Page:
Facebook still has a thing or two to learn about what's considered acceptable in your timeline. The social network is catching flak after it briefly took down an ad for Cancerfonden's breast cancer awareness campaign that included cartoon representations of breasts -- and very abstract ones at that (they were just pink circles). The company has since restored the post and apologized, but only after Cancerfonden unsuccessfully tried using a 'safe' blurry image and posted an open letter that blasted Facebook's stance. You'd need square breasts to make Facebook happy, the organization argued.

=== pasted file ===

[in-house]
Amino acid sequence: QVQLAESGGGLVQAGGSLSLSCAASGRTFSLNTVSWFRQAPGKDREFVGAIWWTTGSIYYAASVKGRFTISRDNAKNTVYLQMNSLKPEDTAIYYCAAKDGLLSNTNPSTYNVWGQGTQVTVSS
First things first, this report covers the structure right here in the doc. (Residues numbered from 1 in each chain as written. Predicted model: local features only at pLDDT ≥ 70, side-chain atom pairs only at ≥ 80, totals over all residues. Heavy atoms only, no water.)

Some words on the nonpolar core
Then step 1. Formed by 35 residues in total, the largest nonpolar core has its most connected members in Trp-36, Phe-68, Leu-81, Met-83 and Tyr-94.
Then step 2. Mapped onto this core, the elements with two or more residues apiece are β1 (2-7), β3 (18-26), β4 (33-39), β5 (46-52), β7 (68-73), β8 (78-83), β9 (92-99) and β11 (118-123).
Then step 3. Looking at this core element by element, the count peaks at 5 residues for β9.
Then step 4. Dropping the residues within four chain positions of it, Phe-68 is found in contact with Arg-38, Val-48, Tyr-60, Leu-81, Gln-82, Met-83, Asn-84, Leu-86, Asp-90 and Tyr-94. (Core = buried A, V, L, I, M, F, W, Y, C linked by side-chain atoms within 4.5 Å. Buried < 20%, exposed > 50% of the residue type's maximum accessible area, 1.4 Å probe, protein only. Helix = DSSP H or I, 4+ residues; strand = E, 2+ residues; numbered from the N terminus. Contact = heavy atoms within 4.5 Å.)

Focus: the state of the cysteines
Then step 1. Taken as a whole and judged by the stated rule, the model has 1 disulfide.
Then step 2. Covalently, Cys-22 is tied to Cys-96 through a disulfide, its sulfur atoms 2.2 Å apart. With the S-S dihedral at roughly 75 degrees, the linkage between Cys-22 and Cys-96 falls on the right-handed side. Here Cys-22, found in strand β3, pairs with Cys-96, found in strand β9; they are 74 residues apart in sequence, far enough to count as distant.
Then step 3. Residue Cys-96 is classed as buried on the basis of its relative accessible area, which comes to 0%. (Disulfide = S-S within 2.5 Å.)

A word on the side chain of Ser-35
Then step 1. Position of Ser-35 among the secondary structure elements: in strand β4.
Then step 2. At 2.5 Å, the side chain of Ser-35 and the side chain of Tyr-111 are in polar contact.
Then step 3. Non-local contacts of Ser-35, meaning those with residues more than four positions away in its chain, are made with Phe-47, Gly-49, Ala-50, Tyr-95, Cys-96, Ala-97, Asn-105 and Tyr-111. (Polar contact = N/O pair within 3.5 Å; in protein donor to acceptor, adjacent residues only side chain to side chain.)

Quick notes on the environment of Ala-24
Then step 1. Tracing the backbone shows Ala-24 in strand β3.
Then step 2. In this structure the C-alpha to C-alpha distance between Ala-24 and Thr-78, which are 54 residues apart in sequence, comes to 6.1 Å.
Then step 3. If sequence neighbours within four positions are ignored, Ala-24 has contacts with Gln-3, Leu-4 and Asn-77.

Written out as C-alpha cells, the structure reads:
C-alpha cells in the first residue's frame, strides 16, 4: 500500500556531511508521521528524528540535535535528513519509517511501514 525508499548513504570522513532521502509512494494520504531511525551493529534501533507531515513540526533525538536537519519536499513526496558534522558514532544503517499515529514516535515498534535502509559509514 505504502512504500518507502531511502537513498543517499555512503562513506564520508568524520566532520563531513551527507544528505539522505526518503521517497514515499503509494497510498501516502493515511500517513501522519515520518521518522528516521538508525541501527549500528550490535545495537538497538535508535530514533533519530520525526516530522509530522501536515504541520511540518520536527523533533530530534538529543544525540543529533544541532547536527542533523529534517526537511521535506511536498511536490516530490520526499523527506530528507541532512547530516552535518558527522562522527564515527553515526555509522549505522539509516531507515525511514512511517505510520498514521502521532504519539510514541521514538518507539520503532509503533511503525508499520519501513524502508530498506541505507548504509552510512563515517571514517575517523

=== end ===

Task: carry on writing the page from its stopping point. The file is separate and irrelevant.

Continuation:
In apologizing for the move, Facebook said that it examines "millions" of ad images each week and sometimes bans them by mistake. There's no denying that the internet giant has a lot on its plate, and that it would be difficult to completely avoid slip-ups. However, this is just the latest in a string of incidents where Facebook has been overly aggressive with takedowns, only to backtrack after a public uproar. And this time, it can't pin the removal on ambiguities in its existing policy -- it acknowledged that the original image was fine in its mea culpa. Clearly, the company has yet to reach that point where it can reliably tell the difference between potentially offensive content and something that's merely testing boundaries.